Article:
Original Research ARTICLE
Naringenin Produces Neuroprotection Against LPS-Induced Dopamine Neurotoxicity via the Inhibition of Microglial NLRP3 Inflammasome Activation
- Key Laboratory of Basic Pharmacology of Ministry of Education and Joint International Research Laboratory of Ethnomedicine of Ministry of Education, Zunyi Medical University, Zunyi, China
Background: Parkinson's disease (PD) is the second most prevalent central nervous system (CNS) degenerative disease and characterized by slow and progressive loss of dopamine (DA) neurons in the midbrain substantia nigra. Microglia-mediated neuroinflammation has been considered as the major central event in the process of DA neuronal loss. Thus, inhibition of neuroinflammation could possess a more viable strategy for PD treatment. Naringenin (NAR), a natural flavanoid contained in citrus fruit and grapefruits, possesses amounts of pharmacological activities. Recent studies indicated that NAR produced neuroprotection against several neurological disorders. However, the mechanisms underlying NAR-generated neuroprotection are not fully illuminated.
Methods: In the present study, rat nigral stereotaxic injection of lipopolysaccharide (LPS)-induced DA neuronal loss was performed to investigate NAR-mediated neuroprotection. In addition, BV-2 and MN9D cell lines were applied to explore the underlying mechanisms.
Results: NAR protected DA neurons against LPS-induced neurotoxicity. Also, NAR suppressed microglial nod-like receptor protein 3 (NLRP3) inflammasome signaling activation and the subsequent pro-inflammatory factors release. In addition, NAR-mediated DA neuroprotection was dependent on the inhibition of microglial NLRP3 inflammasome activation, as evidenced by the observations that NAR-reduced pro-inflammatory factors production and further NAR-exerted DA neuroprotection against LPS-induced neuronal damage was not discerned after microglial NLRP3 siRNA treatment.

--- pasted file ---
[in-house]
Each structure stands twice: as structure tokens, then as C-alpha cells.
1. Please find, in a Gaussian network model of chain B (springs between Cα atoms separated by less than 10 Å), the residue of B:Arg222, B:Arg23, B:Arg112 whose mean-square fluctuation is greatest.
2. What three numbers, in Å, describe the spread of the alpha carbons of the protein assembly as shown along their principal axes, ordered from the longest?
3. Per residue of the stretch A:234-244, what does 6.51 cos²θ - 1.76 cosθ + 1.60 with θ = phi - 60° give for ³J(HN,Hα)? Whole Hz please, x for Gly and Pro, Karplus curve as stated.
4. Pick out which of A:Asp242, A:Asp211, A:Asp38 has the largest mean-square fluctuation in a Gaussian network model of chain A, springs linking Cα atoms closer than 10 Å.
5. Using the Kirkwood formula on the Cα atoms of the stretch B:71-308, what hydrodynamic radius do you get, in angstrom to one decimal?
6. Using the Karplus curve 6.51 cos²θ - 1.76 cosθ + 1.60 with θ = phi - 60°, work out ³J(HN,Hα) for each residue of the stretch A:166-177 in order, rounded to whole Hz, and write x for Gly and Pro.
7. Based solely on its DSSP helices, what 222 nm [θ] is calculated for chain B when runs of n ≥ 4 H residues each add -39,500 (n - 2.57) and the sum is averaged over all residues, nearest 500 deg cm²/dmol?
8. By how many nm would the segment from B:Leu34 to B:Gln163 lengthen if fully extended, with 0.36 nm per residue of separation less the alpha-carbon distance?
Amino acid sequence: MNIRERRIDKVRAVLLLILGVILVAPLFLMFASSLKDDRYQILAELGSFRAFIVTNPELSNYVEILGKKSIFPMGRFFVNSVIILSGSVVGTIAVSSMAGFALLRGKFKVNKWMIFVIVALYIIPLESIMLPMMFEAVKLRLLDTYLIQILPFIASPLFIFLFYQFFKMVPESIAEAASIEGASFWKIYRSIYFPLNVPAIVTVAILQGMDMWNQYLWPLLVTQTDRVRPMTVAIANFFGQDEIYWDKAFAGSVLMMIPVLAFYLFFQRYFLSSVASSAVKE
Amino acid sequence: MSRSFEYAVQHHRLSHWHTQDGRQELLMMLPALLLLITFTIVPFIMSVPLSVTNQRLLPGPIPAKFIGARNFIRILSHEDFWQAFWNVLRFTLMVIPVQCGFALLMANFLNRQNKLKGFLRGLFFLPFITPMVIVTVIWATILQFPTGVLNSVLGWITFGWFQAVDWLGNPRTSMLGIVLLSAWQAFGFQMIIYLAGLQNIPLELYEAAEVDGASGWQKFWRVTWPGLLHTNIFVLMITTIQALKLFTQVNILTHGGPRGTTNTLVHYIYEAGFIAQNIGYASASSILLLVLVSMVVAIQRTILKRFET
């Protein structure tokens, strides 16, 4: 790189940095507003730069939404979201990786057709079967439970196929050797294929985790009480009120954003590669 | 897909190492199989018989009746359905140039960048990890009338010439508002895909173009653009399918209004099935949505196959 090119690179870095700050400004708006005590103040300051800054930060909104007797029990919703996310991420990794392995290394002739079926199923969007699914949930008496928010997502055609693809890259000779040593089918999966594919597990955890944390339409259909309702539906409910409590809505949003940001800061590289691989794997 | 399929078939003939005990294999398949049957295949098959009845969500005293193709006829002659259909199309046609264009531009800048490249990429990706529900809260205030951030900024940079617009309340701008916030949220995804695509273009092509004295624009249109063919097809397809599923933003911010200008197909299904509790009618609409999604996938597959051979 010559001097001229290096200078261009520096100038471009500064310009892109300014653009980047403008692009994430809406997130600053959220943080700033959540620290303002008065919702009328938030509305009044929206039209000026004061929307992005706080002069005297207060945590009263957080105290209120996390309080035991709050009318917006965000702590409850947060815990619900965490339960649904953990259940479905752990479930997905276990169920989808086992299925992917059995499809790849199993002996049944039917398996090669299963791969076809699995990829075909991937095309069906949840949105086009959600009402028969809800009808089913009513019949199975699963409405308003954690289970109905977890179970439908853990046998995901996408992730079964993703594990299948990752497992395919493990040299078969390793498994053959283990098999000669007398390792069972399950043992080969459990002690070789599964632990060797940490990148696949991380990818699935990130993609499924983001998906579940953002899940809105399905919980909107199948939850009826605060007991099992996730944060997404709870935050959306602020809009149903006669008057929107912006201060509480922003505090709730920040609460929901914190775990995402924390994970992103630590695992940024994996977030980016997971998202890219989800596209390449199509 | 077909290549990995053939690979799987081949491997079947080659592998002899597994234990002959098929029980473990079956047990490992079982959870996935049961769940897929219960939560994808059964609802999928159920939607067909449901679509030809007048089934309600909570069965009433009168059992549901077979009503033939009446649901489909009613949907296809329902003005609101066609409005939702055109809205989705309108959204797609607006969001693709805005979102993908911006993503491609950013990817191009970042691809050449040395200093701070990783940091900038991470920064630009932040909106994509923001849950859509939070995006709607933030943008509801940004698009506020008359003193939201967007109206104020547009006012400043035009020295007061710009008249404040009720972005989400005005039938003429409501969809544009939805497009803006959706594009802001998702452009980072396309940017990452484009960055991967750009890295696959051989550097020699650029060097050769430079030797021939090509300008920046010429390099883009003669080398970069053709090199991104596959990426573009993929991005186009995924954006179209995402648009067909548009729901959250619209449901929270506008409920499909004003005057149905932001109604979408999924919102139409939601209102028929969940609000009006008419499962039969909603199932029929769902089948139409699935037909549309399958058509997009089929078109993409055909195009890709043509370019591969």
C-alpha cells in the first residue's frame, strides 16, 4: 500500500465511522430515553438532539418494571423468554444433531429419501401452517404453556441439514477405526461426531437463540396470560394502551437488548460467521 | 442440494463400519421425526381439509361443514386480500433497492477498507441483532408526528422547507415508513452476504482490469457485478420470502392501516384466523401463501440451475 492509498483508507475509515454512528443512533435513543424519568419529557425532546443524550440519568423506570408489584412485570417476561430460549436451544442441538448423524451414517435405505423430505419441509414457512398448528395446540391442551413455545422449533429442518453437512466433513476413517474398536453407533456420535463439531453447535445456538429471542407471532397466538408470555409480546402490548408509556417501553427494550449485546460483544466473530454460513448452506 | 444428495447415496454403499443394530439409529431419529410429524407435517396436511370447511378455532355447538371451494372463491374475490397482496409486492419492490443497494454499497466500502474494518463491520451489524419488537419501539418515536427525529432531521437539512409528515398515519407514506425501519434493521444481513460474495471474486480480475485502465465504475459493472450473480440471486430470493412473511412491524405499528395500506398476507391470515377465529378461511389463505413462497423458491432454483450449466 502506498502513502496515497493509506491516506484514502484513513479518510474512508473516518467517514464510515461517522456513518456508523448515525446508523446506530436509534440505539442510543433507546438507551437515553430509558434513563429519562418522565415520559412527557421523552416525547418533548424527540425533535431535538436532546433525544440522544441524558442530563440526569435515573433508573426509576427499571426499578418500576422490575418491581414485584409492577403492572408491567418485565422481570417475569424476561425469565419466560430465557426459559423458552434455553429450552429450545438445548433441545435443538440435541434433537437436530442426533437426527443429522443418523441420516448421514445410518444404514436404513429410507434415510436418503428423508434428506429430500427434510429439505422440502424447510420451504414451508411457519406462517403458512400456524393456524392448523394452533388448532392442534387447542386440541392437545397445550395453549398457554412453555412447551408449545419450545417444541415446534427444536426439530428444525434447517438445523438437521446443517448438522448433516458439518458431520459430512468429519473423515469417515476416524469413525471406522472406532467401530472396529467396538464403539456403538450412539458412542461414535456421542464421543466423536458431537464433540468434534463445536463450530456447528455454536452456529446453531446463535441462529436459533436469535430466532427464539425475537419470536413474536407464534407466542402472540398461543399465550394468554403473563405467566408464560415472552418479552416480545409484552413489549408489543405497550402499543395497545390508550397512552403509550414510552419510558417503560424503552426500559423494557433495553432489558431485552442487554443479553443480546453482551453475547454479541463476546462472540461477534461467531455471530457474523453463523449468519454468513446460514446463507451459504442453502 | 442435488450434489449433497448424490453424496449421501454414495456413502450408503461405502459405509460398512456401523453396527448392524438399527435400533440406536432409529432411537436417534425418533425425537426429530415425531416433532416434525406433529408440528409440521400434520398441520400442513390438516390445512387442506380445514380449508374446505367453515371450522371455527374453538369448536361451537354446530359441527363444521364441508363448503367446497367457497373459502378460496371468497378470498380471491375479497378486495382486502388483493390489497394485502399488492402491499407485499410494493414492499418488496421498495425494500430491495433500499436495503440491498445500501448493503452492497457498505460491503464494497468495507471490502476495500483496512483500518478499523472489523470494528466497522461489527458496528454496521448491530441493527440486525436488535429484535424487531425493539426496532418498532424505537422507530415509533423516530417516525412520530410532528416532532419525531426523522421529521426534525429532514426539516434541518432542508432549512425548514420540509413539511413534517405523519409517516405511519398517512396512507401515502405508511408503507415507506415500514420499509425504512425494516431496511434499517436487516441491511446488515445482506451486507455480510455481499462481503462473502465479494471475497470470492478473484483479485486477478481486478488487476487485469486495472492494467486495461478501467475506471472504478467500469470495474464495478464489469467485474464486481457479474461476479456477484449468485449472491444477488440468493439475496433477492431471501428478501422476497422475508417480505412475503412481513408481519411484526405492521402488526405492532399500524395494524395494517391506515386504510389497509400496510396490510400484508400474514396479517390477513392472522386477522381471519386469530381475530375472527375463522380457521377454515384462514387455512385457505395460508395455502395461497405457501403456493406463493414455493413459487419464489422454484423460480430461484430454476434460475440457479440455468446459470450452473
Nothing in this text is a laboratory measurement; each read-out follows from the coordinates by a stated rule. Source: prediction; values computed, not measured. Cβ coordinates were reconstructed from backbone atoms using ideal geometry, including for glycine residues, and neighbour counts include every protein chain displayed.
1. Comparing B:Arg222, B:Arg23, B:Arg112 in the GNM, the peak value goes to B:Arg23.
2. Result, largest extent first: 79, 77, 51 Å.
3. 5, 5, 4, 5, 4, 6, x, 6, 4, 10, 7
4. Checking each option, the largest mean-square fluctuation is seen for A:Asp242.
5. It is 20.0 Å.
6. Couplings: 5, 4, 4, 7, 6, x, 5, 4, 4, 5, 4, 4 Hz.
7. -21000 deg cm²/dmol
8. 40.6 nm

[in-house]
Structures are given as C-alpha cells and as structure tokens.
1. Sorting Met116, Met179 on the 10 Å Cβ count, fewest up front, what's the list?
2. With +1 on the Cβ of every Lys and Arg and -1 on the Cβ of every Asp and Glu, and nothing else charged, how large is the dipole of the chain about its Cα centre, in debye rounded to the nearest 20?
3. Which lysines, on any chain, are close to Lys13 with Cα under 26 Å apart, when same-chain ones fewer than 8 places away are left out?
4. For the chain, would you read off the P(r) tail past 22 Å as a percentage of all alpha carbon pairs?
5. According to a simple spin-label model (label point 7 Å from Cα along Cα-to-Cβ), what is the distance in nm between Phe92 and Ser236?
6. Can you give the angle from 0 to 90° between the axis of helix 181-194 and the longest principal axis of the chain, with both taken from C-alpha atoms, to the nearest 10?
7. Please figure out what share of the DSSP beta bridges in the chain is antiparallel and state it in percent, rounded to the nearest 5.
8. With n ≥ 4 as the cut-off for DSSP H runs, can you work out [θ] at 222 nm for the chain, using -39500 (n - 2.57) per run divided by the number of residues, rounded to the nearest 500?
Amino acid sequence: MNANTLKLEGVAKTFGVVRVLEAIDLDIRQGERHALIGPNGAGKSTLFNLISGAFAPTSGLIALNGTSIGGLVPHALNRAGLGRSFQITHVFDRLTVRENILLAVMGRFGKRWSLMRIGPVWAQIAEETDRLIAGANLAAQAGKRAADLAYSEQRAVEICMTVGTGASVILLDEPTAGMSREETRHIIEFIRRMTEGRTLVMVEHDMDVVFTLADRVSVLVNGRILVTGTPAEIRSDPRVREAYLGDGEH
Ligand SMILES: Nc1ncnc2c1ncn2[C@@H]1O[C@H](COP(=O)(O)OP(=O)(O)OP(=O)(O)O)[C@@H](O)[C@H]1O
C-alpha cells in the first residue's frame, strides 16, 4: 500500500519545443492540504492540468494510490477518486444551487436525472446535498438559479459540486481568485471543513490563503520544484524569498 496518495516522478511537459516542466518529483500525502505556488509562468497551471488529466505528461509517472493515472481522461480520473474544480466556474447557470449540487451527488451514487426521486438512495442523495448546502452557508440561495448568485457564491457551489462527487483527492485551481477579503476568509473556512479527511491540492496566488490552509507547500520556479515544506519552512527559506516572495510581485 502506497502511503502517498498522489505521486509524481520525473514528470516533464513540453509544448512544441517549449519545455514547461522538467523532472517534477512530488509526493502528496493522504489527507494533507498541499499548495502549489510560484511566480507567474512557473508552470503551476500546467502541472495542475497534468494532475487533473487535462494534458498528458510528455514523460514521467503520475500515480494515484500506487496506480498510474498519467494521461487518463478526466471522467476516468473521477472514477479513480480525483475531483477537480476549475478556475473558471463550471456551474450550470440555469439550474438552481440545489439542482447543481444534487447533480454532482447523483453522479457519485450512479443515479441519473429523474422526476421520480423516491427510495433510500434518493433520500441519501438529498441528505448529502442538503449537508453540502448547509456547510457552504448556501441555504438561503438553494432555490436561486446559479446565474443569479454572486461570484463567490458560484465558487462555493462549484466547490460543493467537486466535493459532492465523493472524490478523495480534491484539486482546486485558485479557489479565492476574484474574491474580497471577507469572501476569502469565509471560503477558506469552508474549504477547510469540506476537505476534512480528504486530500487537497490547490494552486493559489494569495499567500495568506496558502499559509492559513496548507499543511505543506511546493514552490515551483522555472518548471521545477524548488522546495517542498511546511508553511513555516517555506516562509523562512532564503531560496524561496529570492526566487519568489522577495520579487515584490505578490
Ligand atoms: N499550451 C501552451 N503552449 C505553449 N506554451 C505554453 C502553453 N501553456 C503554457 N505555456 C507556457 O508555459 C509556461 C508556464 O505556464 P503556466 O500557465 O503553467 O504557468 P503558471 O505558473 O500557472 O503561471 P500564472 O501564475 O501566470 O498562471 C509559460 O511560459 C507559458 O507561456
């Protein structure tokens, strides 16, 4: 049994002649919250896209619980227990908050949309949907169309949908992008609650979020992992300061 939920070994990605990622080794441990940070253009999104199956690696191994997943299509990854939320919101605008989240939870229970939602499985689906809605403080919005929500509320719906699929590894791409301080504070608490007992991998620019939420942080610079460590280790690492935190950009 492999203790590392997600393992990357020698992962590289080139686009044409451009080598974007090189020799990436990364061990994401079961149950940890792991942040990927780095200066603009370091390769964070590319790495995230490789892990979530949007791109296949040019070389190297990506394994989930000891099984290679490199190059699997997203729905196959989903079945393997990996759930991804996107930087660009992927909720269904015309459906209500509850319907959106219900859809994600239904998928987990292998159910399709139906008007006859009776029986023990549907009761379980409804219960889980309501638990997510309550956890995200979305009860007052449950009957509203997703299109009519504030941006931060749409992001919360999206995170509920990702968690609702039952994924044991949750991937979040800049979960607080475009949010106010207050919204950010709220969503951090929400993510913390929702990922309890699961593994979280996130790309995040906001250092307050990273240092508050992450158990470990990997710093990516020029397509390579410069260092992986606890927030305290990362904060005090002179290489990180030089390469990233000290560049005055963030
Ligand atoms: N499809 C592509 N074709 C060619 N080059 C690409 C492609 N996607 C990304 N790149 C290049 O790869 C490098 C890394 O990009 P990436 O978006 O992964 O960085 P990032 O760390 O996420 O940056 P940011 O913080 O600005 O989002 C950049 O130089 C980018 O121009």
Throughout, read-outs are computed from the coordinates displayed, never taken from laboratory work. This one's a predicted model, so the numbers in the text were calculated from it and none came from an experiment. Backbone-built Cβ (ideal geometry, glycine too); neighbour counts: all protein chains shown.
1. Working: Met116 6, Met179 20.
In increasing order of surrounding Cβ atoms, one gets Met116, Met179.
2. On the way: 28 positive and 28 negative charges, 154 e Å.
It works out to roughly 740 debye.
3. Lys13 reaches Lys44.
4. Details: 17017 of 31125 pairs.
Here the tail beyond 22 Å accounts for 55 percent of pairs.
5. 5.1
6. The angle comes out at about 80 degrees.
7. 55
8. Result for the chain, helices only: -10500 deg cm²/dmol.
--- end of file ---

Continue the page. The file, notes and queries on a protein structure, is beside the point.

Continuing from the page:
Conclusions: This study demonstrated that NAR targeted microglial NLRP3 inflammasome to protect DA neurons against LPS-induced neurotoxicity. These findings suggest NAR might hold a promising therapeutic potential for PD.
Parkinson's disease (PD) is the second most prevalent central nervous system (CNS) degenerative disease. It is characterized by slow and progressive loss of dopamine (DA) neurons in the midbrain substantia nigra (SN) with the accumulation of α-synuclein in Lewy bodies and neuritis (1). Although the etiology of PD remains unclear, amounts of studies have suggested that neuroinflammation is recognized as the major central event in the process of DA neuronal cell death in PD (2). The hallmark of neuroinflammation is glial activation, especially microglia activation. Microglia are the chief innate immune cells within the CNS. Upon the introduction of stimuli, such as brain injury, inflammation and pathogens, microglia became activated and released a large number of neurotoxic factors, such as tumor necrosis factor-α (TNF-α), interleukin-1β (IL-1β) and IL-18, and then these factors would work in concert to trigger neurodegeneration (3).